In early 1963, the CIA commenced covert SEAL operations aimed at ambushing supplies and snatch missions to locate and capture NVA officers. Poor intelligence plagues these early missions which on the whole were not successful. The SEALs acquired their own intelligence gathering and collation ability which led to intelligence becoming far more useful and being able to be used rapidly. This subtle change led to a dramatic rise in successful operations.
Commander Robert J Fay was the first SEAL to be killed in Vietnam by mortar fire on October 28th 1965. By the end of the war in 1972, another 45 SEALs died with Radarman 2nd Class Billy Machen being the first SEAL to die in in combat on August 16th 1966. Machen’s body was recovered after a bitter firefight supported by two helicopters after his patrol was ambushed in daylight.
Initial SEAL deployment was around Da Nang training in combat demolitions and counter-guerilla tactics while becoming acclimatized to the operational theater. As the war escalated to all out conflict, the SEALs were operationally deployed to Rung Sat Special Zone and tasked with supply and troop movement disruption and carrying out river operations on the Mekong Delta.
Mekong Delta provided the practical basis for SEAL riverine operations to which the SEALs quickly mastered with highly lethal efficiency. Very quickly the SEALs and Brown Water Navy Boat Crews imposed themselves upon the enemy and caused a great deal of damage to enemy supply and troop movements earning the nickname Devils with Green Faces from the Viet Cong.
In such an operational environment killing was up close and extremely personal. Contacts being initiated at arms length requiring split-second reaction from non-combat patrolling to highly aggressive combat took place in split-seconds. The harsh training regime of the SEALs allowed them to quickly become adept at this style of warfare which contrasted greatly with the conventional battlefield tactics employed by regular combat units involving artillery and airstrike missions. The SEAL war in Vietnam was conducted face-to-face and frequently hand-to-hand. The SEALs became the most effective combat unit to perform guerrilla and counter-guerrilla operations of all the combatants no matter which side they were on.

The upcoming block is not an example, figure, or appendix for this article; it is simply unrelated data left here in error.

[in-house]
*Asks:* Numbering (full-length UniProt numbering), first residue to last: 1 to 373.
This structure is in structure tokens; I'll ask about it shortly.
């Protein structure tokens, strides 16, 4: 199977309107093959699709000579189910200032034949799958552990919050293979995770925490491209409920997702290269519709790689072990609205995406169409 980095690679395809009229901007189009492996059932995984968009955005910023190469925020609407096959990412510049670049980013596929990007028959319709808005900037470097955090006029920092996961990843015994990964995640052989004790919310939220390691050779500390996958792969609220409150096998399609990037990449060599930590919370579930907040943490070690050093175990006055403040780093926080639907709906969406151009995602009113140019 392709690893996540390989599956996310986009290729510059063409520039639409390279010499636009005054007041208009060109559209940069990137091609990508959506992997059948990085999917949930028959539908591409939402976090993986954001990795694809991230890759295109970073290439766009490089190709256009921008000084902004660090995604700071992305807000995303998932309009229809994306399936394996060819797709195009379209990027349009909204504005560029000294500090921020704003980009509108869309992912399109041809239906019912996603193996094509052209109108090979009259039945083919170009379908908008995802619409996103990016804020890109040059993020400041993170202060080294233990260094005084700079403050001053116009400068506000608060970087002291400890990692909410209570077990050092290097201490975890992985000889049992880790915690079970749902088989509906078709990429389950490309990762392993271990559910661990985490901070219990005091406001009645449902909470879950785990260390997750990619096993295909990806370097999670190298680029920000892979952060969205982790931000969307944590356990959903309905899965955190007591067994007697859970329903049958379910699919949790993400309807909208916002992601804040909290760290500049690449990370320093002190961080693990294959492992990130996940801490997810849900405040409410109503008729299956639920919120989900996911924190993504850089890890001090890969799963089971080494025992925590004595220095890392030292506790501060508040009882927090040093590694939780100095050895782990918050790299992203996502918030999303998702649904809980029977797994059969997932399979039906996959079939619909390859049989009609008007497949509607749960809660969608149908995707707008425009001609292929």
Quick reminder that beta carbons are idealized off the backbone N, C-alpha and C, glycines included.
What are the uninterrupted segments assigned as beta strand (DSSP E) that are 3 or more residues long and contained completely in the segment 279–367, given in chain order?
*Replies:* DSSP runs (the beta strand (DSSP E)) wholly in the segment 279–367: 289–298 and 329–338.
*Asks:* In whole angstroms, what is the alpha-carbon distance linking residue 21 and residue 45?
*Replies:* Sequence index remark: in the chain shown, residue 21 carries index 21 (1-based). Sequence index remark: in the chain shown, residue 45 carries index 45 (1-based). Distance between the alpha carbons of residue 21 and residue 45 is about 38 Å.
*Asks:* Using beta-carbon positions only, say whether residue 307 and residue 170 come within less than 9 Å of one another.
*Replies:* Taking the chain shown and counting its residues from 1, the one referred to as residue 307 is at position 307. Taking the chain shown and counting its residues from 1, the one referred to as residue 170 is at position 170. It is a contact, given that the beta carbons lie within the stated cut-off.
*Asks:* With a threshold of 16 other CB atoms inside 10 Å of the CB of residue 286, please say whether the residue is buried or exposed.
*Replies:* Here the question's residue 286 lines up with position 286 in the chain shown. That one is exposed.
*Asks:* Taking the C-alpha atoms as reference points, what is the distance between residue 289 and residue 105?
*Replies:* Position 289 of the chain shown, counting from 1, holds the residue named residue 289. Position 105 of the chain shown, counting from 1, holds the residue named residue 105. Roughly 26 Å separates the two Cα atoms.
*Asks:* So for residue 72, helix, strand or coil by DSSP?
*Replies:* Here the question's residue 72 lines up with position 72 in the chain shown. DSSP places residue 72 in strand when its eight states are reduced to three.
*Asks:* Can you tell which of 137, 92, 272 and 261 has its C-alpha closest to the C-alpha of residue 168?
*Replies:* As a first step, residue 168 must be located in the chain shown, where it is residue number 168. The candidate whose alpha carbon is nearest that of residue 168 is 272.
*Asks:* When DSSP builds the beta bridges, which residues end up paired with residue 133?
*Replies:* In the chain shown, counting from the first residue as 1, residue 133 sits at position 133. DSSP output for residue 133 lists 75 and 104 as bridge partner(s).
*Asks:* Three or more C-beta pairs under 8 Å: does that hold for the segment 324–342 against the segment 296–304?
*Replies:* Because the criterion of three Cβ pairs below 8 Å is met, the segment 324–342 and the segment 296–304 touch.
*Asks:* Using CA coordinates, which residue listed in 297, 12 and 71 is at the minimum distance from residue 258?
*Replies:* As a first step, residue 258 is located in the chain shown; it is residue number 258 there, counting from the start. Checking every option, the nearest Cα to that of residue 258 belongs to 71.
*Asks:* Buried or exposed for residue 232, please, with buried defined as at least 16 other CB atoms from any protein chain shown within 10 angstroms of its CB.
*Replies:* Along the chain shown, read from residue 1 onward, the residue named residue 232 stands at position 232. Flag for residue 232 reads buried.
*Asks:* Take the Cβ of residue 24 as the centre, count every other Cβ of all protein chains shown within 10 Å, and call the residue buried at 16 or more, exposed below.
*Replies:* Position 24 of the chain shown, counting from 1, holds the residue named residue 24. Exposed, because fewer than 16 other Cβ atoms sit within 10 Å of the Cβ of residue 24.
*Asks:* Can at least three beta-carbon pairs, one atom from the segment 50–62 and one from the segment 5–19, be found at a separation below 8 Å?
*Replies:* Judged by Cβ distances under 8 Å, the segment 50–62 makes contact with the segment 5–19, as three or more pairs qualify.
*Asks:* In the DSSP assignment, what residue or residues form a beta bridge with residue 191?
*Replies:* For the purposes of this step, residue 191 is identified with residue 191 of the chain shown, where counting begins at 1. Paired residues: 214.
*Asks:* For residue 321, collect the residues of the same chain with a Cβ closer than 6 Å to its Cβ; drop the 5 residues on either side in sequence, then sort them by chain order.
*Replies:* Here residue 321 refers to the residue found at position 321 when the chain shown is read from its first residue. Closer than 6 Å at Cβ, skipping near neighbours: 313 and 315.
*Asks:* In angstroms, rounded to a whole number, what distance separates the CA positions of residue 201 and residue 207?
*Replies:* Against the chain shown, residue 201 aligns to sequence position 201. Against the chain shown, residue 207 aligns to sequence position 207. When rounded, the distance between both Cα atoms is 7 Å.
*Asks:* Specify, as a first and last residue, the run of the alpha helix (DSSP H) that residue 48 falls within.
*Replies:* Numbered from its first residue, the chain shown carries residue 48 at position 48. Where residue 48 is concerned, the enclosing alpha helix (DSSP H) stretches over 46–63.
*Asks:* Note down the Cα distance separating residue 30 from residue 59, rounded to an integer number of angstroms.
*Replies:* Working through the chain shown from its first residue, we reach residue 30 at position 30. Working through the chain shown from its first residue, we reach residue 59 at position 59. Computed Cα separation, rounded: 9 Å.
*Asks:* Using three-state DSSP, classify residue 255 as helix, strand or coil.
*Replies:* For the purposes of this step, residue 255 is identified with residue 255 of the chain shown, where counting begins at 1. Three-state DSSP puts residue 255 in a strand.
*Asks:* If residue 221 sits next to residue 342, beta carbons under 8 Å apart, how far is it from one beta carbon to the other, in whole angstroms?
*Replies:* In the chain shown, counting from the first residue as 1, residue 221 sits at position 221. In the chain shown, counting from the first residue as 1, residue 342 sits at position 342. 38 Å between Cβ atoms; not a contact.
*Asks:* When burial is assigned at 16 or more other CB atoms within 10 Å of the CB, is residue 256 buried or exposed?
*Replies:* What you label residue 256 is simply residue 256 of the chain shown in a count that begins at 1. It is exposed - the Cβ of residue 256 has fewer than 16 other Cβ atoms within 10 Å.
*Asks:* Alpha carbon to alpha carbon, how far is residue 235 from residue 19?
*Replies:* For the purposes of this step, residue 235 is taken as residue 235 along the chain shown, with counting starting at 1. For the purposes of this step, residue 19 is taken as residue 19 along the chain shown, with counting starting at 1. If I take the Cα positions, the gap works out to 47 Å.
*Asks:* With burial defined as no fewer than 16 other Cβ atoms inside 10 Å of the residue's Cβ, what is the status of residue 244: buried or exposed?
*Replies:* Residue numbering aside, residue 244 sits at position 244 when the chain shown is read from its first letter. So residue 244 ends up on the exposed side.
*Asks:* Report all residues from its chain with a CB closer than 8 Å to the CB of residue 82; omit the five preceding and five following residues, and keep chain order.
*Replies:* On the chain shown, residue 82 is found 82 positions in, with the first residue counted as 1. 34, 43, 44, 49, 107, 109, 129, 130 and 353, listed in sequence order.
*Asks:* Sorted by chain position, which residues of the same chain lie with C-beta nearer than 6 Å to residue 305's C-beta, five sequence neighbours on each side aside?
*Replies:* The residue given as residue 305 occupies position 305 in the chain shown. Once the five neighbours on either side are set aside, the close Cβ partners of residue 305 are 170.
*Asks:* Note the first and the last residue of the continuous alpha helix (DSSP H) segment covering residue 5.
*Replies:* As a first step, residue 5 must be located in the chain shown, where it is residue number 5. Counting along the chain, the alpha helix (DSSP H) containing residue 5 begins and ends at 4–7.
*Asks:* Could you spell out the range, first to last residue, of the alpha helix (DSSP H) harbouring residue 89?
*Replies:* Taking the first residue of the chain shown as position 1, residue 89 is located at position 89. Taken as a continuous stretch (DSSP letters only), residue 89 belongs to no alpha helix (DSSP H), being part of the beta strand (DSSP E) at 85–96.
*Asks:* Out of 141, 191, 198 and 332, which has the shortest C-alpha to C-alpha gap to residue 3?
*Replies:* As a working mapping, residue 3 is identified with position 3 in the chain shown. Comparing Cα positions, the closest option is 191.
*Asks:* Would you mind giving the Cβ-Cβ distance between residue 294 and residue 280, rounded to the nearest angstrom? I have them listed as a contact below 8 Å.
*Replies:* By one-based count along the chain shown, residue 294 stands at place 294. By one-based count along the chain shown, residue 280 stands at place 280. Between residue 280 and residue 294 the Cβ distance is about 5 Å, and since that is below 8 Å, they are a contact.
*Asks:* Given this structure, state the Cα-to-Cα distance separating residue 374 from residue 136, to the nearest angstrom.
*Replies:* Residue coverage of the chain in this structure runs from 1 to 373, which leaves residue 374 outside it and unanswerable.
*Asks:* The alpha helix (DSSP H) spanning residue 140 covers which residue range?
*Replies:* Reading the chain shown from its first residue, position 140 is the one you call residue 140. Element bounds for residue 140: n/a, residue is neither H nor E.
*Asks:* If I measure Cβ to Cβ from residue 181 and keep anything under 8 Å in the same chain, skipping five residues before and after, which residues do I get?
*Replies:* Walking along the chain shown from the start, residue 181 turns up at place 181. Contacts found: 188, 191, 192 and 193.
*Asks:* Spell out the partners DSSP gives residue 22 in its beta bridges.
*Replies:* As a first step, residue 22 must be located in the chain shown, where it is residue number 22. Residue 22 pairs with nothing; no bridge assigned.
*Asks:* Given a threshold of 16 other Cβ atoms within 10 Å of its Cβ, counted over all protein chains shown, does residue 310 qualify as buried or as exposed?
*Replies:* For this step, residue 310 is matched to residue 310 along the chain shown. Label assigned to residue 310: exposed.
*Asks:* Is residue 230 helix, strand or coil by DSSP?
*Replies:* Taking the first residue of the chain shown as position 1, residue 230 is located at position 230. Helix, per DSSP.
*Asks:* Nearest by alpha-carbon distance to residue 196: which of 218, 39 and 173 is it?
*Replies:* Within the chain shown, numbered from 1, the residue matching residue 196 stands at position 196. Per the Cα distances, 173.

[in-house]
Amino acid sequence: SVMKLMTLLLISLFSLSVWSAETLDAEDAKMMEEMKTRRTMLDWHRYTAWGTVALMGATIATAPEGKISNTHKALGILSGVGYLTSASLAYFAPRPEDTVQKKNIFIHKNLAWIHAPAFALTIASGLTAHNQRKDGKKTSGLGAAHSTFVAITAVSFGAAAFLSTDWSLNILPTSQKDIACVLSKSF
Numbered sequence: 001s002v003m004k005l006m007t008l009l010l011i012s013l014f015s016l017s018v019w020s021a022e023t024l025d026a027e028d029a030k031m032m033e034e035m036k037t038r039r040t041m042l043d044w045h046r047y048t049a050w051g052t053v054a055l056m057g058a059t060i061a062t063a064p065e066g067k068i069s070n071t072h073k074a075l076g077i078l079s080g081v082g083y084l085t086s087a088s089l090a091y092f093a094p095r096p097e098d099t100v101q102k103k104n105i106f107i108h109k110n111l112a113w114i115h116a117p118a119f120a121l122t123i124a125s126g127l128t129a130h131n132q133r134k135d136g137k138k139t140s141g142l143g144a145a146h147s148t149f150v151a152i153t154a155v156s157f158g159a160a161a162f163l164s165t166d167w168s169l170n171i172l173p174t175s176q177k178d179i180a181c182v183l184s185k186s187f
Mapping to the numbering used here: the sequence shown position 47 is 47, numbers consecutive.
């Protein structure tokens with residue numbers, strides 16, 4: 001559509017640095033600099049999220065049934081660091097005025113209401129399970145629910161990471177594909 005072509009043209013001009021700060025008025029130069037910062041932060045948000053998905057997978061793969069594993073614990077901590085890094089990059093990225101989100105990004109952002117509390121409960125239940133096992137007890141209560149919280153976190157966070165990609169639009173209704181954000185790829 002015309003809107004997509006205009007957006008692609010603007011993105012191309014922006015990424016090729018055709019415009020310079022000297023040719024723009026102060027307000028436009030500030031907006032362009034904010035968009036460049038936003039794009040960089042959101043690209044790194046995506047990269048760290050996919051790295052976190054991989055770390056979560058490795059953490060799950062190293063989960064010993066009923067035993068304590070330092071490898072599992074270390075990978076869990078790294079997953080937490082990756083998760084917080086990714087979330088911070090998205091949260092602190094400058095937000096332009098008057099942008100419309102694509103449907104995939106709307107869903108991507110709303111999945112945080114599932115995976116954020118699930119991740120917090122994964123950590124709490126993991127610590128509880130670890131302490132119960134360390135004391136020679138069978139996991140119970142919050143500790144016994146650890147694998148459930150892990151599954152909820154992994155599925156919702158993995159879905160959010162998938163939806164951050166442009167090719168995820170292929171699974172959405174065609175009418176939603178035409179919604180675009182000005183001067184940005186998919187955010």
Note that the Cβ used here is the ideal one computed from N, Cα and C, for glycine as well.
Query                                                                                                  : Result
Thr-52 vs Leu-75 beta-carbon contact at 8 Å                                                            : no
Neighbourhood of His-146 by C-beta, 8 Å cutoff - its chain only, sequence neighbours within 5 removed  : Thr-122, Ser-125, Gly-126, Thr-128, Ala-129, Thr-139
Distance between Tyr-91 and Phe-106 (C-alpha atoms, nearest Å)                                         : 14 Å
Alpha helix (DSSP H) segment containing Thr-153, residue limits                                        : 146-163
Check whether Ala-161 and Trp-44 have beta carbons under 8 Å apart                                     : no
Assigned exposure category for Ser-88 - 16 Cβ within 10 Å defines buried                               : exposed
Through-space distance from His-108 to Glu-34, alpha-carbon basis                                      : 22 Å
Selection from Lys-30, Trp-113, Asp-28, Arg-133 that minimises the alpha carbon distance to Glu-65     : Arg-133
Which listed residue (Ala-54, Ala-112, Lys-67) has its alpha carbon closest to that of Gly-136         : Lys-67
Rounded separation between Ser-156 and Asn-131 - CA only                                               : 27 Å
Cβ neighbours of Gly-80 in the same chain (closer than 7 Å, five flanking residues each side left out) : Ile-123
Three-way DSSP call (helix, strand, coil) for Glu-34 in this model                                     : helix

SEALs operated in Vietnam, Laos and covertly in Cambodia under the auspices of the Studies and Observation Group. Seal Team 2 tasked some elements to train and operate with South Vietnamese Commandos eventually forming Detachment Bravo (Det Bravo). Though this provided an excellent proving ground for cross-training unofficially, many SEALs did not rate their South Vietnamese counterparts highly.
President Nixon announced US withdrawal from Vietnam in 1970 and a Plan of Vietnamization was implemented which had as its objective the return of defense responsibilities back to the South Vietnamese. Despite US conventional forces being gradually withdrawn, SEAL operations continued at as fast and furious a pace as ever. Now based on the Ca Mau Peninsula, the SEALs constructed a floating firebase from 14 floating barges that were welded together. This provided
By 1970, the US decided to remove itself from the conflict. Nixon initiated a Plan of Vietnamization, which would return the responsibility of defense back to the South Vietnamese. Conventional forces were being withdrawn, however, operations of the SEALs continued. The SEALS had developed a new base at the tip of the Ca Mau Peninsula and created a floating base, now known as Seafloat, by welding together fourteen barges. Accessible from sea, it not only provided a secure firebase for offensive operations but also allowed operations and resupply by helicopters.
Lt. Melvin S. Dry became the last SEAL to be killed in Vietnam during a water deployment by helicopter as part of an aborted operation to rescue prisoners of war.
This Article is written by James Kara Murat